Here we are with another sub-post related to the main original post that is aimed to describe how to interact with MySQL from C++ using mysql-connector (MySQL C++ with mysql-connector).
Because of the length of such post, given all the satellite configurations and tasks that need to be performed in order to achieve the goal, I decided to split it, generating few articles that are topic on their own.
This is one of them.
So, although this post is focused on installing and configuring MySQL, with few usage example, it is mainly intended to be seen in the context of the bigger picture represented by the main post: MySQL C++ with mysql-connector
I already have installed MySQL on my machine but I will follow the configuration sequence again to guide you through this process.
This means that some of the screens during the installation and the final one could differ from what you will, simply because this will be an additional installation on my side. This is actually even more interesting because I believe helps even better in understanding how this system works.
That said, let’s see how it’s done.
MySQL – Download
Let’s download it from here:
Then select the web version that will download the installer when you will execute the installer itself or the fully offline version. I opted for the second option here:
In a similar way as we downloaded the connector, we need to select to login or just download the file:
MySQL – Install
Run the installer and select the Install MySQL Products option:
Here is where you could probably see a different number for your selected port.
I already have mysql installed and configured on port 3306, therefore I will use the suggested port 3307. Let’s keep this in mind when we will connect to it from C++.
Select a strong password if you intend to use this for important stuff as well:
For the same reason explained above, the service name will have a name that could be different from the one you will see in your installation.
There is no problem there, we just need to keep it in mind when we will use it later on.
My one will be named “MySQL56”:
At the end of the installation it should start immediately MySQL Workbench:
Create a DB – Connect to our MySQL Instance
It’s time to create our sample database before writing any code to connect to it (this is related to the other topic, but it is valid as an example to show how to use MySQL and the Workbench in particular).
So, open MySQL Workbench from your Windows Start Menu (if you clodes it):
When the workbench starts you will see your available connections.
They are two in my case (for the reason explained above), so just click on your instance:
and insert the password once requested:
If everything is OK, then you should not see any error (of course) and be presented with a screen similar to this:
Create a DB – Create a sample DB
Click on the forth icon to create a new schema in the current server:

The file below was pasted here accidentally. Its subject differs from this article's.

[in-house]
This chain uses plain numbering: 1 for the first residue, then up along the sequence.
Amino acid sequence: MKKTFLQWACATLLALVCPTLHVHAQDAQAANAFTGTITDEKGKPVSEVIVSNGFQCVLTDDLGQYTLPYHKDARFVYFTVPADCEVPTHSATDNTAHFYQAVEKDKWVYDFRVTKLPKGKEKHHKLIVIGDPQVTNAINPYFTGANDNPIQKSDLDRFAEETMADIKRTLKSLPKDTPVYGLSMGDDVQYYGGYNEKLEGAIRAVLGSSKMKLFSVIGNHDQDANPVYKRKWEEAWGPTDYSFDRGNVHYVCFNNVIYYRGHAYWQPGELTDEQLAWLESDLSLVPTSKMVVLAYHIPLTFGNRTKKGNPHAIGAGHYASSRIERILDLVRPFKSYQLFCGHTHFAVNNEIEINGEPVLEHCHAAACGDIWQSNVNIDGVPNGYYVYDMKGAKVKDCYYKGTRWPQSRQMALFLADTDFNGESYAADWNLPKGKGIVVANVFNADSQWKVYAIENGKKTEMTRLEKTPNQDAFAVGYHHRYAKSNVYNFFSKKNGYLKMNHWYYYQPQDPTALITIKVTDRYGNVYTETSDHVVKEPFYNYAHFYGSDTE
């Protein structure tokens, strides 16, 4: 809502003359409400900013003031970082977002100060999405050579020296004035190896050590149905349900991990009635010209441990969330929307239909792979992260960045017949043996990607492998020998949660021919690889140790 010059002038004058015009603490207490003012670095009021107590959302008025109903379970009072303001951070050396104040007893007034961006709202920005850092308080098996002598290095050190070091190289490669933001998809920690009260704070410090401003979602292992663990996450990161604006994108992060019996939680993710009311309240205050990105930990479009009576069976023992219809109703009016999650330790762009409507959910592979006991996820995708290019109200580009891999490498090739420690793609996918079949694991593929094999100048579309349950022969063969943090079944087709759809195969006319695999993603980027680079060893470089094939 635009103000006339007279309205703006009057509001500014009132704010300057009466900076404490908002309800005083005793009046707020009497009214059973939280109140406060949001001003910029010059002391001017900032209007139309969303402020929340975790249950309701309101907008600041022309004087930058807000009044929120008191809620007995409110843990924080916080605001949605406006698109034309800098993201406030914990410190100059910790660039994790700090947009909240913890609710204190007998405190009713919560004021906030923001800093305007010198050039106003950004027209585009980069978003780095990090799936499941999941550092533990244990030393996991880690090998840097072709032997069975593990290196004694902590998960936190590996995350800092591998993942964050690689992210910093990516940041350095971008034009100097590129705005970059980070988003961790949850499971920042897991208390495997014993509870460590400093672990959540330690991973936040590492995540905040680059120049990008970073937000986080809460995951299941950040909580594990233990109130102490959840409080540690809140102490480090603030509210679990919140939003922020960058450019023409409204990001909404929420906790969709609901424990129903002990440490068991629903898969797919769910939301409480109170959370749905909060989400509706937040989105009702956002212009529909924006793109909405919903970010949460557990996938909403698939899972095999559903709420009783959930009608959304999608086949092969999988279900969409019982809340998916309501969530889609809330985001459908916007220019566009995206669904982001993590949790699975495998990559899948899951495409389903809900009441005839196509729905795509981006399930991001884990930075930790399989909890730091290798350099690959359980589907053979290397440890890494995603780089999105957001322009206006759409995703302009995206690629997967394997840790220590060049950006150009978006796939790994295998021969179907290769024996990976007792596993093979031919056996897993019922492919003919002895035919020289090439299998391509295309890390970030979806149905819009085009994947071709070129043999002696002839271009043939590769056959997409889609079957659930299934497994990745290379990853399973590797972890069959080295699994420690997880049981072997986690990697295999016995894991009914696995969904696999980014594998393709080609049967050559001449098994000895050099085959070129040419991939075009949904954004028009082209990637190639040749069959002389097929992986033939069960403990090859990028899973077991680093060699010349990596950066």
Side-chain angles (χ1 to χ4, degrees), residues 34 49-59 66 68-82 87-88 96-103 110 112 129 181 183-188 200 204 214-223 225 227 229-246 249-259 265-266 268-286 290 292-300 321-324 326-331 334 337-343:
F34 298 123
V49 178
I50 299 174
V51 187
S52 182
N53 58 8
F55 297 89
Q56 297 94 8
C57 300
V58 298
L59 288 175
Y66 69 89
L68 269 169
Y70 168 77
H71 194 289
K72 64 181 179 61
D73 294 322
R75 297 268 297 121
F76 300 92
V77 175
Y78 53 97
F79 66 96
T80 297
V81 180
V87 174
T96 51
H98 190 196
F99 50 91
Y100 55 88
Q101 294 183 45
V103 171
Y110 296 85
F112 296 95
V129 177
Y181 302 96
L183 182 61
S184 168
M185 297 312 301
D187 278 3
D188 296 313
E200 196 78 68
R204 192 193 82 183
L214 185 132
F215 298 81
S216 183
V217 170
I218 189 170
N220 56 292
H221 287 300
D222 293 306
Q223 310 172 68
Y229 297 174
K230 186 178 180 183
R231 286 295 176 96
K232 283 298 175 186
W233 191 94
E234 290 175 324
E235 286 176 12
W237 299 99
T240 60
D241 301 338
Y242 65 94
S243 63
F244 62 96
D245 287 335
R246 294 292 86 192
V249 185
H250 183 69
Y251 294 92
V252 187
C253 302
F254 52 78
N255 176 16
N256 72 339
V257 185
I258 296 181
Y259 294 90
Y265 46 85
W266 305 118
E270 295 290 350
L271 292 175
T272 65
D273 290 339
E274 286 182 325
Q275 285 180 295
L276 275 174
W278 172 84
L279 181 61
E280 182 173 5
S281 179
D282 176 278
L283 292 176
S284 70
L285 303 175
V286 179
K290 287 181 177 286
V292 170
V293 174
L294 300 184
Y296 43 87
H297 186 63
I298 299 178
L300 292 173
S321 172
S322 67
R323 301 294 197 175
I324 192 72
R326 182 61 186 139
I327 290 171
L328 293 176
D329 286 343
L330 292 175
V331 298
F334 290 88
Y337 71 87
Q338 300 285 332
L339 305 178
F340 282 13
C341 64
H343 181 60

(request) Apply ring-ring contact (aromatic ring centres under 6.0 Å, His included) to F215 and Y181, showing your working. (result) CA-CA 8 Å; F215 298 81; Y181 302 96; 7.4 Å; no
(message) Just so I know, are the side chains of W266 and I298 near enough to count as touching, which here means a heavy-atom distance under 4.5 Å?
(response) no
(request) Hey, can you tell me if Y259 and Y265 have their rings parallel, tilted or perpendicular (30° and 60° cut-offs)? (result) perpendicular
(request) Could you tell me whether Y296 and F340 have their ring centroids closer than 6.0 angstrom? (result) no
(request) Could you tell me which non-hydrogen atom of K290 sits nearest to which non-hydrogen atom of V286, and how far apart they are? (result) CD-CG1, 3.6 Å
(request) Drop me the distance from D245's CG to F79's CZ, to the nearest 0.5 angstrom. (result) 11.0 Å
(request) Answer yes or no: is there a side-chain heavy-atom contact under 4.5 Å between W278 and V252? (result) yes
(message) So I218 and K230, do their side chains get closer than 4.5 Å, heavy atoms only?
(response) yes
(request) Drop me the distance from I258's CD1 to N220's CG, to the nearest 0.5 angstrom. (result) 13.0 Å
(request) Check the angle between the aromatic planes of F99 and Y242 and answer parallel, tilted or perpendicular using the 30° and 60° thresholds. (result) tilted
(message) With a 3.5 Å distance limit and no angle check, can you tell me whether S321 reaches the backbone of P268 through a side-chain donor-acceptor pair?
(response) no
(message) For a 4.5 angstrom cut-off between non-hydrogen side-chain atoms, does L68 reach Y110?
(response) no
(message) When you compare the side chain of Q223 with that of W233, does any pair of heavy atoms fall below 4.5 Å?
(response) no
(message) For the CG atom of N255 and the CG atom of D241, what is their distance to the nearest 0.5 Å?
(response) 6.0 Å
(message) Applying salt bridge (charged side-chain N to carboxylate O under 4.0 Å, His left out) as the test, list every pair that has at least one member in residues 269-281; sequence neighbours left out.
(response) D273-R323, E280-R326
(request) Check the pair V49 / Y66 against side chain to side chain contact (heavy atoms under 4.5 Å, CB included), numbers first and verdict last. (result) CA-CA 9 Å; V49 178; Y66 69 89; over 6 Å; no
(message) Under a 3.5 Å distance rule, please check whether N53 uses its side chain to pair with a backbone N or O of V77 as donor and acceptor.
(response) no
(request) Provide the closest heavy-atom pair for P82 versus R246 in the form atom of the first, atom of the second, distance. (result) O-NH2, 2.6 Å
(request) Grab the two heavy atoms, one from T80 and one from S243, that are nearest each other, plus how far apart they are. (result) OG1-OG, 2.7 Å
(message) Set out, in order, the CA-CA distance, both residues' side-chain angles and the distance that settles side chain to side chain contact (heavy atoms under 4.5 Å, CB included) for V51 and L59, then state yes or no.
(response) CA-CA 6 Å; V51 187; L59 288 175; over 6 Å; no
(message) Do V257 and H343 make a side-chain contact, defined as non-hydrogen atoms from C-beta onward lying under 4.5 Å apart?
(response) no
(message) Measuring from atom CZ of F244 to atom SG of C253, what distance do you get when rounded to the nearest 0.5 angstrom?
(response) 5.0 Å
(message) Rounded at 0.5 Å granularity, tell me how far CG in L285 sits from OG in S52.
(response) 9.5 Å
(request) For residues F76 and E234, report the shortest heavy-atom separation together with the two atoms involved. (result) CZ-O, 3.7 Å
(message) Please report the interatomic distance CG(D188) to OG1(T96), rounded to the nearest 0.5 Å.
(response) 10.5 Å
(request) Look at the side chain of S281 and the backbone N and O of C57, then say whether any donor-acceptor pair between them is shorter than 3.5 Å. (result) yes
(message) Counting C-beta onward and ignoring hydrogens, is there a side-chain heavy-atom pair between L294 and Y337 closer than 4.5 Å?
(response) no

Let’s call it “cpptest” and click “Apply”:
It should be now listed amongst the other schemas:
Time to add a table to it!
Create a DB – Adding a table
Expand the cpptest entry and right click on “Tables”, selecting then “Create Table…”:
Edit it giving it a name (“contacts” for example) and three fields.
Note that to add the fields you just need to double click into an empty row of the column list table.
The first field should be automatically configured, named “idcontacts”, set as primary key and with Datatype “INT”.
Check the “AI” (Auto Increment) check-box, accept it and edit the other two:
- name, VARCHAR(45)
- surname, VARCHAR(45)
Then click “Apply”:
Create a DB – Adding records to the table
To add some sample records to the table, right click on it and choose the entry:
“Select Rows – Limit 1000”:
confirm the script clicking Apply and then Finish:
Repeat the process entering a series of names that you want to insert.
Note that the idcontacts column is automatically filled up for us (remember the Auto Increment flag):
As usual Apply and Finish.
We are Happy with our collection:
Create a DB – Adding records to the table
Time to create a new user that will have privileges to use this DB.
Click on the “Users and Privileges” Management option and enter your root password if required:
Click then on the “Add Account” button at the bottom of the just opened panel:
Fill-up the fields choosing a username (I used “cppuser”) and a password (as strong as you prefer). Click then Apply once ready:
Select the user from the left panel, open the “Schema Privileges” tab and click on “Add Entry…”:
In the new window select the “Selected Schema:” option and select our database “cpptest”, then click “OK”:
Select then all the options in the “Object Rights” column (SELECT, INSERT, etc.) and click “Apply”:
Job done here!
We can switch to Visual Studio for the code part (at last!)